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Jeremy Corbyn: On the question of disruptive and antisocial tenants, it is a given that nobody wants antisocial, disruptive or racist tenants living next to them, but the problem is that by removing any option of housing from such people, their children end up with foster parents or in care. One could be creating a greater social problem in the future in order to deal with a more immediate problem. Does my right hon. Friend agree that a strategy of more intensive support and intervention might be more useful than his approach?

Mr. Byers: My hon. Friend is right to point out that we need an integrated approach, and we must always take into account the needs of children in particular. As on most issues, it is a question of striking the right balance. Most hon. Members will understand the need to protect a community from the disruptive and antisocial tenant, to keep communities together. I have seen in my own constituency communities being blown apart because of the actions of just one or two people. Communities that have lived together for years have been wrecked by the conduct of one or two people, and I am not prepared to put at risk those solid and sound communities by looking after the needs of one individual when the needs of the whole community should be taken into account. Early intervention may be able to assist an individual to reform and change the way in which they conduct themselves. I agree wholeheartedly that that should be the emphasis of many projects from my Department and across Government.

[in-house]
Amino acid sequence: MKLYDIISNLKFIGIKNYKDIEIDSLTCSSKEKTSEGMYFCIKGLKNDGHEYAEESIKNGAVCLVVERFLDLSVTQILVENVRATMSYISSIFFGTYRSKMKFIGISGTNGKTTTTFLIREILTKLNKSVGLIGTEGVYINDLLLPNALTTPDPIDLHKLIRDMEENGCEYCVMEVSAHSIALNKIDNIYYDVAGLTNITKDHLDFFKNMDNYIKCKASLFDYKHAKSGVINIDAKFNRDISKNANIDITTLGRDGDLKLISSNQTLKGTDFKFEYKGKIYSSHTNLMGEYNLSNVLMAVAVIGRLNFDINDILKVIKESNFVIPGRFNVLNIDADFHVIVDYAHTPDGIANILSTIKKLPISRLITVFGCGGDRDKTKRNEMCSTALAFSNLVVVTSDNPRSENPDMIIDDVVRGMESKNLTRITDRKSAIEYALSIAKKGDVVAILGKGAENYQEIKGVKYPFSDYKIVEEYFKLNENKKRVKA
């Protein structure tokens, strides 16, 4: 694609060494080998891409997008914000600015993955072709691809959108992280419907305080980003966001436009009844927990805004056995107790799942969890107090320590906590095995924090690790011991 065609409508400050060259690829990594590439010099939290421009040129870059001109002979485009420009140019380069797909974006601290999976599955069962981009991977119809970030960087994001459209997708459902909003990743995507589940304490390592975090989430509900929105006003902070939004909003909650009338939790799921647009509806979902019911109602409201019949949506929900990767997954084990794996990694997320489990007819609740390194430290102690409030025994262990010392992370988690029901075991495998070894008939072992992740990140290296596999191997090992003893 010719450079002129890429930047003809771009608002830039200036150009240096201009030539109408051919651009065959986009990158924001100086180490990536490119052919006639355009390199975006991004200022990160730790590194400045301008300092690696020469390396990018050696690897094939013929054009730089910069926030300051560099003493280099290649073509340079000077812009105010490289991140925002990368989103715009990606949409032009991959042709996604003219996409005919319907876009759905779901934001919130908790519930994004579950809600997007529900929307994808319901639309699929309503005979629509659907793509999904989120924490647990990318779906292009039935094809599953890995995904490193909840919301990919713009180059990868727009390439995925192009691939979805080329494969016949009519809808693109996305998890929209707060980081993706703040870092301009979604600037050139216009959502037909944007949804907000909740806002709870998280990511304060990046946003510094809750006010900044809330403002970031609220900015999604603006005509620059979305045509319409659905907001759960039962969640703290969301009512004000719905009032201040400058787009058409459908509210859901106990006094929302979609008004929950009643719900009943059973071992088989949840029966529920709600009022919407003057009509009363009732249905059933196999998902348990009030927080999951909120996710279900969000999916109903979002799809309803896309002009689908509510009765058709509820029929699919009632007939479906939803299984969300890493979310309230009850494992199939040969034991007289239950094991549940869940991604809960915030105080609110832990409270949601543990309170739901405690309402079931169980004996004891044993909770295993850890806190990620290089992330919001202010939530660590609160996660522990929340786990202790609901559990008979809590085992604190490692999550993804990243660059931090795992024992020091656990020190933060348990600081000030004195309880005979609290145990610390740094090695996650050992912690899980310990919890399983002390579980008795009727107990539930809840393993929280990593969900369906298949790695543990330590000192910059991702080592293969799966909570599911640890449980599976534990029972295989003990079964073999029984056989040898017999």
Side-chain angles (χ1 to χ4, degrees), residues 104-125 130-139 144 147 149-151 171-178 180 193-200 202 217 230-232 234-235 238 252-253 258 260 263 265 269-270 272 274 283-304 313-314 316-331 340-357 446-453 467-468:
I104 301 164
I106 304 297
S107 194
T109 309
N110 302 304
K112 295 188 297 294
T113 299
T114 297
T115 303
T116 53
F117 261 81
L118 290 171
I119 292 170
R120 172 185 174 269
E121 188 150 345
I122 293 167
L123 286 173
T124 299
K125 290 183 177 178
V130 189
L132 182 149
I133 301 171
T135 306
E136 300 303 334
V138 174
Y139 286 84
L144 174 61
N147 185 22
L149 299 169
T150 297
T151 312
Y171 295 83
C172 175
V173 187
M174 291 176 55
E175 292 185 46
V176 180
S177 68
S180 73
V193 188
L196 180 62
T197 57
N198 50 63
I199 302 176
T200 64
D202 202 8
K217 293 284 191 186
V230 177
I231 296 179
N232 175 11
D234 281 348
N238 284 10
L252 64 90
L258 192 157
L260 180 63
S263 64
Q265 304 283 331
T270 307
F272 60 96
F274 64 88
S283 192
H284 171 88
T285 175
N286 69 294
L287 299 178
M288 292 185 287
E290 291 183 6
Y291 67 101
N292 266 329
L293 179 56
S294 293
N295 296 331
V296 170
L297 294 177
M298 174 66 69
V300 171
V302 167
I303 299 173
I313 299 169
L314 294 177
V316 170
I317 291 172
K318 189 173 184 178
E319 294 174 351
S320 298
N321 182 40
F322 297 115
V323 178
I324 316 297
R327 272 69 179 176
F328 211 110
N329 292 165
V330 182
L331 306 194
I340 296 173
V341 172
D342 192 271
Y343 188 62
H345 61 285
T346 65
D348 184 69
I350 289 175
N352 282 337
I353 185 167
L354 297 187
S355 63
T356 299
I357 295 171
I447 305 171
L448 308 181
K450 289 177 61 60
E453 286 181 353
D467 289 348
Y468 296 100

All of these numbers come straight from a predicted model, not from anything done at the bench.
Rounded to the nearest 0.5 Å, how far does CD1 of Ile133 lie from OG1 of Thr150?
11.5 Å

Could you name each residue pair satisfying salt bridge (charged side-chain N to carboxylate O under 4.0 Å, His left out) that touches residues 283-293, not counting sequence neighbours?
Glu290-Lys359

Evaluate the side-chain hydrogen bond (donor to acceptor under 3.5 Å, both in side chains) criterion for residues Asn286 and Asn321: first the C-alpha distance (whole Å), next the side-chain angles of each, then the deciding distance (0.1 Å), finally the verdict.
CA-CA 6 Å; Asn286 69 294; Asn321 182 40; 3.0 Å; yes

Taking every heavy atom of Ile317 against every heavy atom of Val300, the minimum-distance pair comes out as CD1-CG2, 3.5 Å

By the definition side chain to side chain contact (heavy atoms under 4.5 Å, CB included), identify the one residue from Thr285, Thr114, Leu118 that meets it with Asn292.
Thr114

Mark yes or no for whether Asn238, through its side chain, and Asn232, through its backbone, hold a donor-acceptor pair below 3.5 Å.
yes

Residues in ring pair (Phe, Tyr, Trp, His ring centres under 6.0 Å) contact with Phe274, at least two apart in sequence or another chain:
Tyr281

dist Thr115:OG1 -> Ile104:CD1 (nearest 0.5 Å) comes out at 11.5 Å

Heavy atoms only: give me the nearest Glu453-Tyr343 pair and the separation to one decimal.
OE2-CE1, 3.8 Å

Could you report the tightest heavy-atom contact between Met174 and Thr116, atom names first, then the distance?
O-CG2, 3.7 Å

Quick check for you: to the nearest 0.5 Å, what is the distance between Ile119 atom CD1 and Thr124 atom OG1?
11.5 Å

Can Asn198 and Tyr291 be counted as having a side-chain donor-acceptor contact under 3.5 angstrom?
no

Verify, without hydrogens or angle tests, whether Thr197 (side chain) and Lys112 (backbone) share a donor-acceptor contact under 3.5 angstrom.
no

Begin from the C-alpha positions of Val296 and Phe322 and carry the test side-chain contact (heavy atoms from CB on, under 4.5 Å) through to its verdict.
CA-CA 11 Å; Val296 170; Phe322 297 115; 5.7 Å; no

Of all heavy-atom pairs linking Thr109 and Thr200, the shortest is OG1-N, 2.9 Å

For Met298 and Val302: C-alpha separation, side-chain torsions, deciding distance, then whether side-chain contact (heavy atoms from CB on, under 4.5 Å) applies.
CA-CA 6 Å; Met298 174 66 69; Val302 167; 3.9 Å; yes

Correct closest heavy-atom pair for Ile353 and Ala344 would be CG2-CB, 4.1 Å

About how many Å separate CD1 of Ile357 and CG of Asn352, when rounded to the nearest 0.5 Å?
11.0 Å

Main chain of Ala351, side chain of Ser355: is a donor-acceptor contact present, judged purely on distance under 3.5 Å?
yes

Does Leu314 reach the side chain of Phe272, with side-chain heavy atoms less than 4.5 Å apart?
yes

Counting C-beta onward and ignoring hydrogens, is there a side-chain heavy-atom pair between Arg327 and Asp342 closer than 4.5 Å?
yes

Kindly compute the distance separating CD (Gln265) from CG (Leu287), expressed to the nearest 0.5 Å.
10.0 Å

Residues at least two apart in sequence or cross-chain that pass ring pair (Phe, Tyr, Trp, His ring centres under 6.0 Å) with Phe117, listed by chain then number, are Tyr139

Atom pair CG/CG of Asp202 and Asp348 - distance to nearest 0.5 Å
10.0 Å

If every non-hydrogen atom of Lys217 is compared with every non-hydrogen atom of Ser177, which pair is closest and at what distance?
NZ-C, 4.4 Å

Mr. Hancock: The Secretary of State referred to giving greater choice to people in existing properties who wanted to transfer. I am fascinated by the concept of choice being offered by authorities such as mine, given that the options available for transfer in Portsmouth, a densely populated urban centre, are at present limited. How will such a choice be offered?